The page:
GIS and the Keyboard

I think you can usually tell when a GIS Professional learned GIS by how they use their keyboard. Those who learned either on UNIX command line programs such as ArcInfo or GDAL seem to go out of their way to type commands either through keystrokes or scripting while those who learned in the GUI era, either ArcView 3.x or ArcGIS Desktop prefer to use a mouse. Now generalizing is always dangerous but it highlights things about how GIS analysis is done.

GUI GIS

I almost feel like Yakov Smirnoff saying “What a country!” when you realize that most of the complicated scripting commands of the 90s are completed almost perfectly by dropping a couple GIS layers on a wizard and keep clicking next. Esri should be commended for making these tools drop-dead simple to use. But it brings up the issue of does anyone under stand what is going on with these tools when they run them? Let’s take a simple example for Intersect.

Esri Intersect Tool

So simple right? You just take your input features, choose where the output feature goes and hit OK. Done. But what about those optional items below. How many people actually ever set those? Not many of course and many times you don’t need to set them but not understanding why they are options makes it dangerous that you might not perform your analysis correctly. I’ll say you don’t understand how to run a GIS command unless you understand not only what the command does but all the options.
You don’t have to learn Python to be a GIS Analyst, running Model Builder or just the tools from ArcCatalog is good enough. But if you find yourself not even seeing these options on the bottom, let alone understand what they are and why they are used, you aren’t anything more than a button pusher. And button pushers are easily replaced. The Esri Intersect Tool has many options and using it like below will only give you minimum power and understanding of how GIS works.

Esri Intersect Tool with blinders on.

In the old days of keyboards, you have to type commands out and know what each one did. In fact many commands wouldn’t run unless you put an option in. Part of it is when you type the words “fuzzy_tollerance” enough times you want to know what they heck it is. I think keyboard GIS connected users to the commands and concepts of GIS more than wizards do. Much like working with your hands connects people to woodworking, working with your keyboard connects people to GIS.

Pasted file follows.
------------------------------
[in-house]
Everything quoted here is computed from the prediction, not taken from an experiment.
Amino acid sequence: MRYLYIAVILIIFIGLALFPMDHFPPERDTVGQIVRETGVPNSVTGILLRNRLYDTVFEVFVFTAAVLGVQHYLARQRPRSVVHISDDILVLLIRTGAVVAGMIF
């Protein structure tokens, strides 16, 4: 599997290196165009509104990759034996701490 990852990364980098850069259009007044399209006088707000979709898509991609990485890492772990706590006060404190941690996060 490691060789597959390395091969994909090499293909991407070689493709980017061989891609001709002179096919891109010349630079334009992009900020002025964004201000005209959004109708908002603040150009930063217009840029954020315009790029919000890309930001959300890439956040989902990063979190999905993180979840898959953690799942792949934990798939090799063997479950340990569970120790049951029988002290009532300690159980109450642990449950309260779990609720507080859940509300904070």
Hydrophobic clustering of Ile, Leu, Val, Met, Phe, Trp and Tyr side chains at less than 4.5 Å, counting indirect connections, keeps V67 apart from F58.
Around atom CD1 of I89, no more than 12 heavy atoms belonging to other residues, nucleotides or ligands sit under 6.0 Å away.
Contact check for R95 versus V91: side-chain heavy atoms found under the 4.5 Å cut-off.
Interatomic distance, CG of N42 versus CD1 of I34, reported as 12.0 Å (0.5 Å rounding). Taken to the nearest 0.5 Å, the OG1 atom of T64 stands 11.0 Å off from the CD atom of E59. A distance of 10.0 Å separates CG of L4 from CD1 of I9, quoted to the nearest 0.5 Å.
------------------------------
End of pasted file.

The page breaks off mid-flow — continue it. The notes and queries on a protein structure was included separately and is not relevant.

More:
ArcGIS Pro Licensing — Enabling

So last week I was talking about how to now use ArcGIS Pro with “Classic Licensing”. Well after following the directions on Esri’s website which resulted in no new licenses we finally realized that despite what Esri says on their support page. The original suggestion was just use the ArcGIS Desktop license for Pro 1.2. What you actually need to do is find your ArcGIS Pro 1.2 license in My Esri and use that. Make sense when you think about it but the directions from Esri before was just use your ArcGIS Desktop.

The disconnect was that you get ArcGIS Pro license code with your ArcGIS Desktop license. You just need to run the licensing wizard and then point your ArcGIS Pro to that license server. Then it works without an issue.

ArcGIS Pro Licensing — The Old Way

ArcGIS Pro has always had somewhat of a non-standard way of being licensed. I’ve never really gotten into it mostly because it revolves around “provisioning” and “logging in” to ArcGIS Online. Even if I felt a real need to get it to work, it just seems like a very annoying method of licensing software. Now since technically we aren’t paying for ArcGIS Pro licenses just yet, I suppose it doesn’t really matter1. But as I do want to at least get an idea of what Pro is, how it works and what it means to GIS workflows when/if it replaces ArcGIS for Desktop, licensing matters. I’ve not been to an Esri conference in almost a year so the ins and outs of Pro licensing have been lost on me but this tidbit yesterday about ArcGIS Pro moving forward was interesting.

So there you go, I’m guessing this means when 1.2 arrives this week, I can just point it at my existing license manager and away we go. I’ll install ArcGIS Pro, be impressed with the new UI and then realize it’s a dog and buggy as sin2. But 64-bit is a big carrot so depending on how the geoprocessing works, I can see myself embracing Pro, Python 3.x and 64-bit.

From the “What’s New in ArcGIS Pro 1.2”: